Exclusive: Chinese airline sails through Taiwan Strait hours ahead of Biden-Xi call – source

FILE PHOTO: Image shows the flags of China and Taiwan
FILE PHOTO: Chessmen are seen in front of the flags of China and Taiwan in this January 25, 2022 illustration. REUTERS/Dado Ruvic/Illustration/File Photo

March 18, 2022

By Yimou Lee

TAIPEI (Reuters) – China on Friday sailed an aircraft carrier through the sensitive Taiwan Strait shadowed by a US destroyer, a source with direct knowledge of the matter said, just hours before the Chinese and US presidents were due to speak.

China claims democratically-ruled Taiwan as its own territory and has increased military activity near the island over the past two years to assert its claims to sovereignty, alarming Taipei and Washington.

The source, who was not authorized to speak to the media and spoke on condition of anonymity, told Reuters the Shandong airline sailed near the Taiwan-controlled island of Kinmen, which is directly across from the Chinese city of Xiamen.

“Around 10:30 am, the CV-17 surfaced about 30 nautical miles southwest of Kinmen and was photographed by a passenger on a civilian plane,” the source said, referring to Shandong’s official service number.

The USS Ralph Johnson, a guided missile destroyer owned by Arleigh Burke, shadowed the carrier, which had no planes on its deck, and sailed north through the straits, the source added.

Taiwan also sent warships to keep an eye on the situation, the source said.

Taiwan’s Defense Ministry declined to comment, but said its armed forces are always closely monitoring Chinese activities in the Taiwan Straits and are “reacting in accordance with standard procedures.”

US Navy spokesman Lt. Mark Langford said the Ralph Johnson “performed a routine cross-strait transit through international waters in accordance with international law on March 17 (local time).” He didn’t elaborate.

Chinese Foreign Ministry spokesman Zhao Lijian referred questions to the Defense Ministry – which did not immediately respond to a request for comment – but said Shandong has a “routine training schedule”.

“We should not associate this with communications between Chinese and United States leaders. You may think it’s too delicate. Sensitive is you, not the Strait of Taiwan,” Zhao told reporters in Beijing.


The sailing came about 12 hours ahead of US President Joe Biden’s scheduled talks with his Chinese counterpart Xi Jinping.

The source described the timing of the Shandong’s movement so close to this call as “provocative” and that it was unusual for her to sail during the day while previous missions took place at night.

Last April, the Chinese Navy said a carrier group led by the Liaoning, the country’s first aircraft carrier to enter active service, was conducting routine exercises in the waters near Taiwan.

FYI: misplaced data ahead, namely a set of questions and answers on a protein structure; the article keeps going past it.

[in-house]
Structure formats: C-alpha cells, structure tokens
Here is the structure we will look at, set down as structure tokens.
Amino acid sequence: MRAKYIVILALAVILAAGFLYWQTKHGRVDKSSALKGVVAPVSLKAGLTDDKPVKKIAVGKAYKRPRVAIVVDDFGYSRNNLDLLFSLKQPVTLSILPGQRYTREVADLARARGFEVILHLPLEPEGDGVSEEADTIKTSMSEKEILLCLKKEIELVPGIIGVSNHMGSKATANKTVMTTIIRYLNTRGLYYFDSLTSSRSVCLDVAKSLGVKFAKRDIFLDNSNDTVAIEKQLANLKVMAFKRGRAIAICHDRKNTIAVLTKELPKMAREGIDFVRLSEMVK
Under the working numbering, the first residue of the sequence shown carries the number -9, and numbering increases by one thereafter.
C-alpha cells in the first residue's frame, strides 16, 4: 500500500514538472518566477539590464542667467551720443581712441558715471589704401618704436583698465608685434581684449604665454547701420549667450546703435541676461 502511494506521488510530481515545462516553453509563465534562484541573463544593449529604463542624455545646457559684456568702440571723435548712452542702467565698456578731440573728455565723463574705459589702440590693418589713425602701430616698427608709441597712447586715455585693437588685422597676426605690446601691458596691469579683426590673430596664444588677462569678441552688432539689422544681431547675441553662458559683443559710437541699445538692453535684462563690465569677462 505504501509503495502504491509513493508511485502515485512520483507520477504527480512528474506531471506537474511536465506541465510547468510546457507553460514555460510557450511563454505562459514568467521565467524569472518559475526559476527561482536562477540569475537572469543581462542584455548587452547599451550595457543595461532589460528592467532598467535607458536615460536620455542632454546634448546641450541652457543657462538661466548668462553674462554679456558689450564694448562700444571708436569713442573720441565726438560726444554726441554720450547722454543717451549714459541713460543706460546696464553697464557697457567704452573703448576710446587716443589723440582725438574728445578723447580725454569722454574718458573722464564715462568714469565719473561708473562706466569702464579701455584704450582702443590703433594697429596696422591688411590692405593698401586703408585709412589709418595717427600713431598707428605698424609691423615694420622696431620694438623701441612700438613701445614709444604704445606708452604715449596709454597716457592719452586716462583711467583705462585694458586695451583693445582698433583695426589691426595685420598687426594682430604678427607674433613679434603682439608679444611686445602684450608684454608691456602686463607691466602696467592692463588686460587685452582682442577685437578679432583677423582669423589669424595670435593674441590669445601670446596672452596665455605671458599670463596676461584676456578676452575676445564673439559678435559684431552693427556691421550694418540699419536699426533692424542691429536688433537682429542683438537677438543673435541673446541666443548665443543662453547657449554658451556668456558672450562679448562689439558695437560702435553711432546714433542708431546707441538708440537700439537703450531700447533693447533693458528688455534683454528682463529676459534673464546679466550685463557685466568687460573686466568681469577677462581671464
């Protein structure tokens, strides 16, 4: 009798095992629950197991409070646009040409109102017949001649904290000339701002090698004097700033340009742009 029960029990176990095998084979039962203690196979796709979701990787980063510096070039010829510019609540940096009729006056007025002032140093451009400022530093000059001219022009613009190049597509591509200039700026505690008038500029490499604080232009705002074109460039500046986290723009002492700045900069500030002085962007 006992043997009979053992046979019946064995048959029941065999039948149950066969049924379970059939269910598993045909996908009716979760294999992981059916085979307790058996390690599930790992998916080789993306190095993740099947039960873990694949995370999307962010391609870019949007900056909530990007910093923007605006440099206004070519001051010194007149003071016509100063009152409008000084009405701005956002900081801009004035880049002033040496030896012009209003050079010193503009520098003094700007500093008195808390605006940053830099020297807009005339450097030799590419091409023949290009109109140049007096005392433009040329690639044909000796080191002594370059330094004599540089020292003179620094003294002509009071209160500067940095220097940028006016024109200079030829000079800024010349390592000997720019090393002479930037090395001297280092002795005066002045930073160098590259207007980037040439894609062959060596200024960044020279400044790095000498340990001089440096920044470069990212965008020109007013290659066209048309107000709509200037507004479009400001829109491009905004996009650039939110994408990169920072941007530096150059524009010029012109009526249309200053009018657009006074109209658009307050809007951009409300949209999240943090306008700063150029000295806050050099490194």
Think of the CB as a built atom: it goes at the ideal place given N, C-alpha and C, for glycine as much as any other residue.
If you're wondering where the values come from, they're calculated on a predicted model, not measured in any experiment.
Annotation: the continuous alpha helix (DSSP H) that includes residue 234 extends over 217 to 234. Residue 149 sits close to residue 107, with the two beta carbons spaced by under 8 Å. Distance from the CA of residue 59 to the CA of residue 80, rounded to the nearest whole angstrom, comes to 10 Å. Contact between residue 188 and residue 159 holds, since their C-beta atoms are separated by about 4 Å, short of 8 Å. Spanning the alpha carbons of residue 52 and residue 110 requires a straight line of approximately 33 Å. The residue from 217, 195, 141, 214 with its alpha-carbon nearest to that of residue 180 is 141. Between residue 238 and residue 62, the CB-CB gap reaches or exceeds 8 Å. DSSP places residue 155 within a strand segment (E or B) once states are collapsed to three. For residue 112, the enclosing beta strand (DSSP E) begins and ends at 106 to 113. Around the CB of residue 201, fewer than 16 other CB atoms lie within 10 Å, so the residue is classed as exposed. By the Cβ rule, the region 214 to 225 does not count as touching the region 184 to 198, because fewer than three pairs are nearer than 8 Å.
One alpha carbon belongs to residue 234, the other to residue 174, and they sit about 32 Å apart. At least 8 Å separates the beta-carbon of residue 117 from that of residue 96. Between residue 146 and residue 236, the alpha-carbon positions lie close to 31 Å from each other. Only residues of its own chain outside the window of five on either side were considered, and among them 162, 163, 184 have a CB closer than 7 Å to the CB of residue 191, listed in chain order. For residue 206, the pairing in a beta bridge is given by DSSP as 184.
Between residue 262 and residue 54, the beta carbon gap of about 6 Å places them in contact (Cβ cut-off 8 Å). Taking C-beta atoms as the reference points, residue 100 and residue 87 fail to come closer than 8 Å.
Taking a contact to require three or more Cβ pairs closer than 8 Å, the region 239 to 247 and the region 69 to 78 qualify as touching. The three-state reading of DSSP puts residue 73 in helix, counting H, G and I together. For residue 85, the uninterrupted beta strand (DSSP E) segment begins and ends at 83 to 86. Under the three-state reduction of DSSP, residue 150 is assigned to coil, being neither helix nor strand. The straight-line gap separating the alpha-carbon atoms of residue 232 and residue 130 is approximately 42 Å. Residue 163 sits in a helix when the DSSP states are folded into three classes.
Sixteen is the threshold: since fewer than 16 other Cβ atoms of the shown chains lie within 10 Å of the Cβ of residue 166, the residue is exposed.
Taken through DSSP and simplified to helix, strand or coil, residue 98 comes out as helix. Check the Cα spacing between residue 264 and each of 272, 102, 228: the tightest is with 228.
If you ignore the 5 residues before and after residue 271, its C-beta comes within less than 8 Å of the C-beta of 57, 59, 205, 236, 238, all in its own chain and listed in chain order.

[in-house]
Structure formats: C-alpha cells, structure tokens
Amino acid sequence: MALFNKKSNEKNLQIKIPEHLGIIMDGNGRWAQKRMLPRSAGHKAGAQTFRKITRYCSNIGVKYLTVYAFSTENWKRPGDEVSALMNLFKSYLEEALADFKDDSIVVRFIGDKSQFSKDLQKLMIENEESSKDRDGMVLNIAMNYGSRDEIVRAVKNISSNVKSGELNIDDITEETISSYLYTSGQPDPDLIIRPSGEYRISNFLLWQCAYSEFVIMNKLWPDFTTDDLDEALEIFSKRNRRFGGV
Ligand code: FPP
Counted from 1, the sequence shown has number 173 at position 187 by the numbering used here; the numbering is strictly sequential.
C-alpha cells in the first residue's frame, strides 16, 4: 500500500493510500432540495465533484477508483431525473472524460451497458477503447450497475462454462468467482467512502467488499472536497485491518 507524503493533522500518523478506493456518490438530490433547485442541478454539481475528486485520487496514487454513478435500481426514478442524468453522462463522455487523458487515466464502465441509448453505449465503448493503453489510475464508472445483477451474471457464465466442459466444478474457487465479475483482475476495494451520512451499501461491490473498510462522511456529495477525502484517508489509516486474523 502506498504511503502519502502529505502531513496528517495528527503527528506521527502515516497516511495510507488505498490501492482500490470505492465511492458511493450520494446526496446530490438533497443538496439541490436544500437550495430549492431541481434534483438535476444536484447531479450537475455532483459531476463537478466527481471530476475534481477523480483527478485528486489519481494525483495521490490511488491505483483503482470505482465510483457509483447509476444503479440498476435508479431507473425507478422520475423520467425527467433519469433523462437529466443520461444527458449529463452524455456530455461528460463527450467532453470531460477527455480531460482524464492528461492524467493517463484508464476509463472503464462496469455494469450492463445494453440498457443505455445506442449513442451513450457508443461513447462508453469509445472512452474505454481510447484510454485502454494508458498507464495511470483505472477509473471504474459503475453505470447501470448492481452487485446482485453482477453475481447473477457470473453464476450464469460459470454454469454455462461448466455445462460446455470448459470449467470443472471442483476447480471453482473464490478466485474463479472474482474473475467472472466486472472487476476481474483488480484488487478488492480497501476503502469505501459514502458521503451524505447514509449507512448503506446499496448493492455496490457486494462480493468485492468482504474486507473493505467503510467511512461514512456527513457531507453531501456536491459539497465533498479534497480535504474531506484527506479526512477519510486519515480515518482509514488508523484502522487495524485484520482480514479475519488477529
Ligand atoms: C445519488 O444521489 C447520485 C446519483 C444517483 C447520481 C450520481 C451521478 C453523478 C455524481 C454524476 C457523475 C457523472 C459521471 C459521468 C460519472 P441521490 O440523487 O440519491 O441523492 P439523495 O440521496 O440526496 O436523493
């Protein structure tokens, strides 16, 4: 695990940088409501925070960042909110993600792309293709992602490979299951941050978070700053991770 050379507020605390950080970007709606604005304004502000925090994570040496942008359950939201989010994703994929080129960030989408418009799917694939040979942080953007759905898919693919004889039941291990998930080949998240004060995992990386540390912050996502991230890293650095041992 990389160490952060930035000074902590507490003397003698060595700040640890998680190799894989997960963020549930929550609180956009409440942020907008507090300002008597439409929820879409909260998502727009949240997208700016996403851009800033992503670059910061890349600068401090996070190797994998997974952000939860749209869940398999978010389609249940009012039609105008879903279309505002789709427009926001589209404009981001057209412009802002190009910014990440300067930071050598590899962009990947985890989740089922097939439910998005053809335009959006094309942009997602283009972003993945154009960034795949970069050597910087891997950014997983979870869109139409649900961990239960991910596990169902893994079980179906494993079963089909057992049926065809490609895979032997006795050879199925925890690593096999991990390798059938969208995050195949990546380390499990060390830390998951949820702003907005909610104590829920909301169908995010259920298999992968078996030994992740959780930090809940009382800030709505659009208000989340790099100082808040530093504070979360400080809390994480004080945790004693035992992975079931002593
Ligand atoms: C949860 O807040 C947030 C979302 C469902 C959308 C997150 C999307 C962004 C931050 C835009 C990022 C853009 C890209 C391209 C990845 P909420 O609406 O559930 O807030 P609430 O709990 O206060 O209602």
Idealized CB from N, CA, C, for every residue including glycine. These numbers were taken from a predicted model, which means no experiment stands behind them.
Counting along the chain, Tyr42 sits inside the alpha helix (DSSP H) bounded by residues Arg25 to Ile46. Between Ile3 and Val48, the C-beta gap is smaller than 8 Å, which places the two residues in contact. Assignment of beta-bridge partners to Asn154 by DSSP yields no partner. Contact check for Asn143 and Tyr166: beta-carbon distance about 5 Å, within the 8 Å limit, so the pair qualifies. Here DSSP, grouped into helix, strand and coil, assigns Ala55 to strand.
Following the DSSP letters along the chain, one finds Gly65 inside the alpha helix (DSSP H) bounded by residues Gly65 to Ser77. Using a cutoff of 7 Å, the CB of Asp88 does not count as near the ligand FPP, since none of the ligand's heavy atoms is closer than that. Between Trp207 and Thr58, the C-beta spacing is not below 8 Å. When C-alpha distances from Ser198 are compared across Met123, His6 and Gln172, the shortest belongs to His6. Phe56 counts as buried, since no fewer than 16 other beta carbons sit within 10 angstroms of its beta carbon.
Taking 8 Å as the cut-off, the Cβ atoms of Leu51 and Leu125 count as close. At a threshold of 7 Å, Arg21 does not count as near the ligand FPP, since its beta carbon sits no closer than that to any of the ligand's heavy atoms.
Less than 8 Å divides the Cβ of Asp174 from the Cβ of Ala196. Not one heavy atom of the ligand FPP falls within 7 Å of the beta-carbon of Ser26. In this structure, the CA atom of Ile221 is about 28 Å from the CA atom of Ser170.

Taiwan is already on heightened alert over the Ukraine war and fears China is taking advantage of the situation to make its own move, although there are no signs Beijing is planning any sort of military strike.

Lo Chih-cheng, a senior lawmaker from Taiwan’s ruling Democratic Progressive Party who sits on the parliament’s defense and foreign affairs committees, called the transit of the Shandong a “very provocative message” when countries in the region are already going through the war in Ukraine and The Biden Xi call was alarmed hours earlier.

“It won’t increase cross-strait tensions much, but it will likely result in neighboring countries raising their military alert levels,” he told Reuters.

China says Taiwan is the most sensitive and important issue in its relations with the United States. Washington has no formal diplomatic ties with Taipei, but is Taiwan’s top international supporter and arms supplier.

Taiwan has rejected China’s claims of sovereignty and has repeatedly vowed to defend its freedom and democracy.

Shandong is China’s newest aircraft carrier, entering service in 2019.

In December 2019, shortly before Taiwan’s presidential and legislative elections, the Shandong crossed the Taiwan Strait in what Taiwan condemned as attempted intimidation.

Taiwan’s air force is also unleashing planes on an almost daily basis to repel Chinese warplanes flying in Taiwan’s air defense identification zone, mainly in the southwestern part of the straits at the head of the South China Sea.

Taiwan calls this “grey area” war activities aimed at both testing its responses and wearing down Taiwan’s air force.

(Reporting by Yimou Lee; Additional reporting by Ben Blanchard and Martin Pollard in Beijing; Editing by Gerry Doyle and Angus MacSwan) Exclusive: Chinese airline sails through Taiwan Strait hours ahead of Biden-Xi call – source

Bobby Allyn

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